16 Pin Oak Cres.
Laksa King or Chef Lagenda? The opinions on which restaurant does the best Malaysian hawker food is as divided as the opinion on where you can get the best pho in Melbourne. We personally loved Laksa King when we first tried it, but we thought that it’d only be fair to give its next-door rival a go as well.
Unlike the canteen-styled Laksa King next door, the decor inside Chef Lagenda is a lot more subdued, with exposed brick and dark wood lining the walls. The only thing that seemed out of place were the chairs – as opposed to ones that matched the table, the patrons were either perched on colourful plastic stools, or heavy stainless-steel chairs. Luckily we got the latter. Hooray back support!
|Curry Laksa ($9.2)|
First up was of course, the Curry Laksa ($9.2). The broth here is quite heavy on the coconut milk, which muted the punch of the spices. The toppings were excellent, with generous amounts of fresh prawn and chicken, fish cakes and tofu puffs, and a lovely wedge of eggplant that soaked up the lemak-ness of the broth. The surprisingly addition of mint was cleansing, and very welcome. This bowl of noodles is only subtly different from the one served next door, but it’s more than enough to divide diners into two camps. As for myself, I prefer the laksa served at The King. The one here is good if you want a creamier noodle soup, but the richness got to be a bit too much by the end.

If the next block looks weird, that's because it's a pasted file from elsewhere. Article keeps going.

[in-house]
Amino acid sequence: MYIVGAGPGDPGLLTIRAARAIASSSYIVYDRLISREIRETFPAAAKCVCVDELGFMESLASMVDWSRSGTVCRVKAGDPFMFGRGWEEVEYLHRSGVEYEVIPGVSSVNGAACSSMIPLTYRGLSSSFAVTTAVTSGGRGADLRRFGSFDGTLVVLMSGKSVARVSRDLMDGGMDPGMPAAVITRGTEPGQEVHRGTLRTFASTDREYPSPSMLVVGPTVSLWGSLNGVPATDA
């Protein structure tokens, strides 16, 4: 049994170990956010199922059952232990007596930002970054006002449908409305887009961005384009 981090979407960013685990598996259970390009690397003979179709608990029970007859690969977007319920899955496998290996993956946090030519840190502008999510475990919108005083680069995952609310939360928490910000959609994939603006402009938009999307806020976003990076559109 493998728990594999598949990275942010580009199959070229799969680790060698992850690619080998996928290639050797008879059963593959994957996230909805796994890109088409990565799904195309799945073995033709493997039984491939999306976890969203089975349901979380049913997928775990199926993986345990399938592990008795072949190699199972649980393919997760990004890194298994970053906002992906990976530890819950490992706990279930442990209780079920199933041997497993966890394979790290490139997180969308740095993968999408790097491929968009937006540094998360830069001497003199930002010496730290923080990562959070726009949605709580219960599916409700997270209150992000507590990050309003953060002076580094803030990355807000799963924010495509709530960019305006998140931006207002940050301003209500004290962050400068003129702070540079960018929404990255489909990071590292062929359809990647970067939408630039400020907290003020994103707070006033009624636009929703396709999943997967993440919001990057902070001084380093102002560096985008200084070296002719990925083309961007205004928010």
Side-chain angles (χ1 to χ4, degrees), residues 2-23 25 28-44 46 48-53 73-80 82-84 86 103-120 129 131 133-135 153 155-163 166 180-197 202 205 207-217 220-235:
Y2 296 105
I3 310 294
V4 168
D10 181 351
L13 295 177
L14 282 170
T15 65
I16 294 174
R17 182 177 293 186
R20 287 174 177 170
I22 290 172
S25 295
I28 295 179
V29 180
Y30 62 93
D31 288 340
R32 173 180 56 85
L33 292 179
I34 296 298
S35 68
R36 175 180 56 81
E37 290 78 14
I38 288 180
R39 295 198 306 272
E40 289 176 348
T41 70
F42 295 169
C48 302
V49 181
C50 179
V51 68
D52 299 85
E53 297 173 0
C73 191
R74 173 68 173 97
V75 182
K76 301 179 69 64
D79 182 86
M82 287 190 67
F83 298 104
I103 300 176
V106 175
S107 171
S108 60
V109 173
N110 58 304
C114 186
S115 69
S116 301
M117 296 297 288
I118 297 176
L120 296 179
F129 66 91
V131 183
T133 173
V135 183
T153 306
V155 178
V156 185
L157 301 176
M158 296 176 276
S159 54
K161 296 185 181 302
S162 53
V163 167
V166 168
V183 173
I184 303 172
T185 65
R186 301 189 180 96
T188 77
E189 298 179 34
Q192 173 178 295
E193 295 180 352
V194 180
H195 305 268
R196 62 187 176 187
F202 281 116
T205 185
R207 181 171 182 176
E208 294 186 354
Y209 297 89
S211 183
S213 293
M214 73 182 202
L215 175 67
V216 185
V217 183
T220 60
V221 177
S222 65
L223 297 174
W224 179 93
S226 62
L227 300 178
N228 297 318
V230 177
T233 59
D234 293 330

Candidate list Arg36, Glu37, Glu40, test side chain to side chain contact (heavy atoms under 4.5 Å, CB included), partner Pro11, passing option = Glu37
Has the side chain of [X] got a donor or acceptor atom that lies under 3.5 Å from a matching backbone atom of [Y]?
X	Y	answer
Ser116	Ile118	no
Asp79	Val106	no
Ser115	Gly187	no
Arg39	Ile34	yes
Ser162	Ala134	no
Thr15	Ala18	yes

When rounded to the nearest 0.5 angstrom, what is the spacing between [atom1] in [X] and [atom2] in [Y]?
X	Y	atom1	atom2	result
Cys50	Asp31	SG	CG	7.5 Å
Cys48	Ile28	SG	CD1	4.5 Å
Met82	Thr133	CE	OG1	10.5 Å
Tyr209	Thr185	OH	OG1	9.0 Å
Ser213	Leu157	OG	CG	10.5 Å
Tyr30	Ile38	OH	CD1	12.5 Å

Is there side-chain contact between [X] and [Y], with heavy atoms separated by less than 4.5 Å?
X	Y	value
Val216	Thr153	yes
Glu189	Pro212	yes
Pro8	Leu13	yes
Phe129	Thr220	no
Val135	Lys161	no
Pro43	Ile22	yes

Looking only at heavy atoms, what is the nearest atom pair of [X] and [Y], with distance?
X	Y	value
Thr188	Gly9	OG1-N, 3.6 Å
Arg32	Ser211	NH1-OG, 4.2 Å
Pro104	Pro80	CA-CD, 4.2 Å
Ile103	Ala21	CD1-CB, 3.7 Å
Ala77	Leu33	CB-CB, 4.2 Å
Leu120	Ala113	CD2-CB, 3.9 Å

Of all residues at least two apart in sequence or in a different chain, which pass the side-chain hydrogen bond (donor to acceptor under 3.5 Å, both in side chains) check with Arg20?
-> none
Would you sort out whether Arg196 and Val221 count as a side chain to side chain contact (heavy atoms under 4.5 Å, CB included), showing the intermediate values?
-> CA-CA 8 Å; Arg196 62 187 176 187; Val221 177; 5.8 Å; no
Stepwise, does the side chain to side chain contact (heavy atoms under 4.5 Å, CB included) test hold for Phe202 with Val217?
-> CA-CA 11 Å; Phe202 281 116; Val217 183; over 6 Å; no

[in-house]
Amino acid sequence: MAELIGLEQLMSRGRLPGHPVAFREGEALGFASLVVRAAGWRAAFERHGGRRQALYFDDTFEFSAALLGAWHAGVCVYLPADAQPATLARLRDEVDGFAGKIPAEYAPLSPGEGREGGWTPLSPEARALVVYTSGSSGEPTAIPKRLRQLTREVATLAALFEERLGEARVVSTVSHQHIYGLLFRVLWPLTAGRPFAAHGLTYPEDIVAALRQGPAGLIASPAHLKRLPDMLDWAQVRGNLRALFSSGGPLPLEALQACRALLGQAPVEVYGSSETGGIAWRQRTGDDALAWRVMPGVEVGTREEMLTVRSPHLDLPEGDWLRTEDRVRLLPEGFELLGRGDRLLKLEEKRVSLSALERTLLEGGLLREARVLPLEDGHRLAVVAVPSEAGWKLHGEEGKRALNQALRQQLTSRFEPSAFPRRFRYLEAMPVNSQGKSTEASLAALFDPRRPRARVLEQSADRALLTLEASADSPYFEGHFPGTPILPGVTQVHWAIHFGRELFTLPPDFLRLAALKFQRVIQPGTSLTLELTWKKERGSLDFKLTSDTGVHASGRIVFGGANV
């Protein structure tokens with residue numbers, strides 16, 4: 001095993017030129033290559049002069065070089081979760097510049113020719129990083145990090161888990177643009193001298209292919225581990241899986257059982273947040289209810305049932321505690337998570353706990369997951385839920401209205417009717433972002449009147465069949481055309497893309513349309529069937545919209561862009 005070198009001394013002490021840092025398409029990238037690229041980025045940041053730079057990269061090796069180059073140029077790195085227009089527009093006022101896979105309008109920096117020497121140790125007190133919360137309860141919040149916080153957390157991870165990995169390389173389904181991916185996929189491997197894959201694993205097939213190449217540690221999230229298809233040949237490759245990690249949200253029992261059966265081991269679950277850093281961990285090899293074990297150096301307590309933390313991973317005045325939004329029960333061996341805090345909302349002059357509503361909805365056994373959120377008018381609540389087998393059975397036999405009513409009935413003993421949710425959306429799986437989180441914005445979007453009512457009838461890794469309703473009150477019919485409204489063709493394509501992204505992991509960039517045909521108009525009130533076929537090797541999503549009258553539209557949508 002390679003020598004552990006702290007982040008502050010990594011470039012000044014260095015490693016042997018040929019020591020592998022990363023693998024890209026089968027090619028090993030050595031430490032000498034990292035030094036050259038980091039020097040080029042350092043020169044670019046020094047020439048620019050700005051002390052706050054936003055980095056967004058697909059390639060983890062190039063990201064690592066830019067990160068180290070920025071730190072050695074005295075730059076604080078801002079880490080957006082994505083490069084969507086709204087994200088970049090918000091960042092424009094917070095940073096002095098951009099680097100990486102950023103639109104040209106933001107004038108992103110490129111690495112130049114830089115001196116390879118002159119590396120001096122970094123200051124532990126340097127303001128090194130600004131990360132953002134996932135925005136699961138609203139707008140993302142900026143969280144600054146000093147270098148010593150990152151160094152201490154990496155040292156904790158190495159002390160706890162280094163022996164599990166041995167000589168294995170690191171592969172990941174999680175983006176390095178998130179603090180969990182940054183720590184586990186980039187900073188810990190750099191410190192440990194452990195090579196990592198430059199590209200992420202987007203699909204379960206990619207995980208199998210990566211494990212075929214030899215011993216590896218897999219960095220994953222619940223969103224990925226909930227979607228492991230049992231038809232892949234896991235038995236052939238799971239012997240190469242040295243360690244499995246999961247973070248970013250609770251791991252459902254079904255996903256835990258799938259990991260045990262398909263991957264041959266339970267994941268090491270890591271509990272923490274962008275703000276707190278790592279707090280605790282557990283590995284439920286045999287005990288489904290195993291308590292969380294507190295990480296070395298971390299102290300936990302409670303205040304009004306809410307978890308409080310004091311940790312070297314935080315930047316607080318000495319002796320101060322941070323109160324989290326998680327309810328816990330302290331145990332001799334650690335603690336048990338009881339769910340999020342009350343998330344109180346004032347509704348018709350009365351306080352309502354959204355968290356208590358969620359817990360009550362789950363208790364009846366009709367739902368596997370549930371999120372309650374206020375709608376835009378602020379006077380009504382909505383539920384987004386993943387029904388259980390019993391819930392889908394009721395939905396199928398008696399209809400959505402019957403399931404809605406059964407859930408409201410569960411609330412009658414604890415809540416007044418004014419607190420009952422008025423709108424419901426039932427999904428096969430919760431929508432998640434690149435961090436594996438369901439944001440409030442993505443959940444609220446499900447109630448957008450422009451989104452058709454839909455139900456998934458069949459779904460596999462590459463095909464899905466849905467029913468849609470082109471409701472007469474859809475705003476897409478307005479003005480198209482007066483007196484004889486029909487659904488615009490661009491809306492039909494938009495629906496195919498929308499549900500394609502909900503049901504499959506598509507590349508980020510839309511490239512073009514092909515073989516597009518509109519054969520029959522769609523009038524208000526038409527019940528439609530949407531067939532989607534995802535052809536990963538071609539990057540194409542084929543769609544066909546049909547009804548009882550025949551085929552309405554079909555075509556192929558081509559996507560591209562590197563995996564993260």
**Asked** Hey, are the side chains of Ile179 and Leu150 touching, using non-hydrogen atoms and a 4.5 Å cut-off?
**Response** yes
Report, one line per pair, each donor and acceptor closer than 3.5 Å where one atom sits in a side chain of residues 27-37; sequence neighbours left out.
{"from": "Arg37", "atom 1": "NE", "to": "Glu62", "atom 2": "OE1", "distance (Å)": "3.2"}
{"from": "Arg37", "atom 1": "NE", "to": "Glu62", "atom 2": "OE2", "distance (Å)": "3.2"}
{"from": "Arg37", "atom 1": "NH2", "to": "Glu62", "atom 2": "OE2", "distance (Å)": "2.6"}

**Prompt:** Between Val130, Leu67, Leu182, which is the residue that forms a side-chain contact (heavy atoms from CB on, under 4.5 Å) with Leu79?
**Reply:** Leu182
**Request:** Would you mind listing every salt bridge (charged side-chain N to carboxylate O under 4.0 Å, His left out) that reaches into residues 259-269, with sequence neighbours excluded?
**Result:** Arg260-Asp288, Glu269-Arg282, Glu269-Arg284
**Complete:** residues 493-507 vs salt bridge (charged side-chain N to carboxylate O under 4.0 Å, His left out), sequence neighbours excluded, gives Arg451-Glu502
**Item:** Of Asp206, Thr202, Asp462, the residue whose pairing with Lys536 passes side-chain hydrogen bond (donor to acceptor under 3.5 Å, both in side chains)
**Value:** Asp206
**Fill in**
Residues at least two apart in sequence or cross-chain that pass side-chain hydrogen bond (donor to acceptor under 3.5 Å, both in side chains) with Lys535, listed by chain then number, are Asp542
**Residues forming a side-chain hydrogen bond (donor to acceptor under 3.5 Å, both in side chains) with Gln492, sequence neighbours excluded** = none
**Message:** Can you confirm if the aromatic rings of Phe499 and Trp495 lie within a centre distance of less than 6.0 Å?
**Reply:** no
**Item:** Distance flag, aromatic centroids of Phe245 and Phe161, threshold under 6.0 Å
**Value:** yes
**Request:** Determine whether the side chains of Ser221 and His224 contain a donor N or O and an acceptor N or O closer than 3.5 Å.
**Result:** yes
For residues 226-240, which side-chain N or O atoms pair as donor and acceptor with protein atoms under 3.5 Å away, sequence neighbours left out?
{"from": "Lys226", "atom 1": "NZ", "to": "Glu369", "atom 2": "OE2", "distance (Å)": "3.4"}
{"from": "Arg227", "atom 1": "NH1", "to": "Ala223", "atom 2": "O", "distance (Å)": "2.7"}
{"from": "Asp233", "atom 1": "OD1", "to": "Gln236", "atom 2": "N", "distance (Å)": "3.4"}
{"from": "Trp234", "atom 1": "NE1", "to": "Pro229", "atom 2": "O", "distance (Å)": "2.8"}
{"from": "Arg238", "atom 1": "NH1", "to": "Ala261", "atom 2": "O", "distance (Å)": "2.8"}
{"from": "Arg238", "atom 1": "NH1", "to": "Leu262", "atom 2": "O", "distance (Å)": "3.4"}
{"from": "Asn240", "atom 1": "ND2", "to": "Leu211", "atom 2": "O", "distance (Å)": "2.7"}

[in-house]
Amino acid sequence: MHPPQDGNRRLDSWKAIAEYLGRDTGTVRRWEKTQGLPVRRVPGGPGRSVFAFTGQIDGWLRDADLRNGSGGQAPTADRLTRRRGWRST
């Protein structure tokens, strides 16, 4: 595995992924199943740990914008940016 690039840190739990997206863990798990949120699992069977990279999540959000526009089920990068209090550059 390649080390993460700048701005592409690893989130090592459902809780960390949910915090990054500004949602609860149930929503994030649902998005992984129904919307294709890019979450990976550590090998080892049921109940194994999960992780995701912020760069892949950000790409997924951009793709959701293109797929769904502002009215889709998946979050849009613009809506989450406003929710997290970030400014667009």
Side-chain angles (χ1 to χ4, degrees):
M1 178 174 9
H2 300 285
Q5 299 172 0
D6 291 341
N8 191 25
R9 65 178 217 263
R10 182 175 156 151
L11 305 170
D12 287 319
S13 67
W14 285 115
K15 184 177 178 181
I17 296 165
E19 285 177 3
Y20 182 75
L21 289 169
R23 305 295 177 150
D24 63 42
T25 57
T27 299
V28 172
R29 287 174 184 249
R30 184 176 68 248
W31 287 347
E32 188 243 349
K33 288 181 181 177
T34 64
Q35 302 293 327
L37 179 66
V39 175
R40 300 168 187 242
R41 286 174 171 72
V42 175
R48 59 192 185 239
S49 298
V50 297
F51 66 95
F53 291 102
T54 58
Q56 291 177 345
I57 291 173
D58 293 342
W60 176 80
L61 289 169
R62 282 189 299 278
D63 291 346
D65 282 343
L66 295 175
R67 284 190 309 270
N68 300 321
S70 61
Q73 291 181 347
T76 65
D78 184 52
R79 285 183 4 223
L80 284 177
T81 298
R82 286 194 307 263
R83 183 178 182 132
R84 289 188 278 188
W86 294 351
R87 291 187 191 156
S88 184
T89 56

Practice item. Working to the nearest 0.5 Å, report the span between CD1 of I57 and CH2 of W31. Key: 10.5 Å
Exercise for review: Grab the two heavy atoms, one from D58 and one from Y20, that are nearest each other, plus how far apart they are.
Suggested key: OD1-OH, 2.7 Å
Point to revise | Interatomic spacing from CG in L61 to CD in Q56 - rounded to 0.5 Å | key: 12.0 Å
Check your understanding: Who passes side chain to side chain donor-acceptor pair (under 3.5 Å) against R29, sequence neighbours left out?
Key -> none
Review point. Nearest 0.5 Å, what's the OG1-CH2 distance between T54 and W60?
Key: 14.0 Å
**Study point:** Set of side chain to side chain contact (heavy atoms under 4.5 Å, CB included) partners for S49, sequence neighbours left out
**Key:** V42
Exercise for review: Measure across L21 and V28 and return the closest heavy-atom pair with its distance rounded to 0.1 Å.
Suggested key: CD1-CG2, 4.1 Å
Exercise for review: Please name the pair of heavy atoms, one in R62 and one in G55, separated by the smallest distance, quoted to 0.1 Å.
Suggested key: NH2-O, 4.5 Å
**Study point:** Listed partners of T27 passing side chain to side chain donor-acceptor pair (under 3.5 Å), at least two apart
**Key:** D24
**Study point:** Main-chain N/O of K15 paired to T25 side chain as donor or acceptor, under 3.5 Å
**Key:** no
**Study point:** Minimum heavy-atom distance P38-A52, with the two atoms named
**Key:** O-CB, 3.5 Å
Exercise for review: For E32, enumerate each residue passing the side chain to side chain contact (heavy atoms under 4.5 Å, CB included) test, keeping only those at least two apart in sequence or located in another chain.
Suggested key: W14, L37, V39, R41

|Fried Koay Teow ($10.2)|
My all-time favourite dish to order at a Malaysian restaurant has to be the Fried Koay Teow ($10.2), rice noodles stir-fried with Chinese sausage, prawns, egg, and a good dose of chilli. The most important thing about this dish is the wok-hei, otherwise known as the breath of wok, referring to the charred taste from being cooked at very high temperatures. This dish certainly had the wok-hei going; in fact, it’s so caramelised that it’s verging on bitter. I never thought I’d say this but, maybe the wok hyperventilated a little. That aside, it was a good plate of noodles, with the barely-cooked and still-crunchy bean shoots being a highlight, though it could have been improved by a heavier hand with the chilli. It’s not the best fried koah teow I’ve had, and it’s certainly not a meal for the calorie-conscious, but there’s something to be said about mouthful after addictive mouthful of luscious, slippery ribbons of noodle.
Service is efficient and a bit perfunctory, but not unfriendly. I’d rather go to Laksa King for the laksa, but if I’m not in the mood for that, then it’s really a coin toss as to which restaurant I’d prefer. Maybe I’ll just do what most people do, and pick the one that has a shorter line out the door.
Rating: 13.5/20 – hyperventilating wok.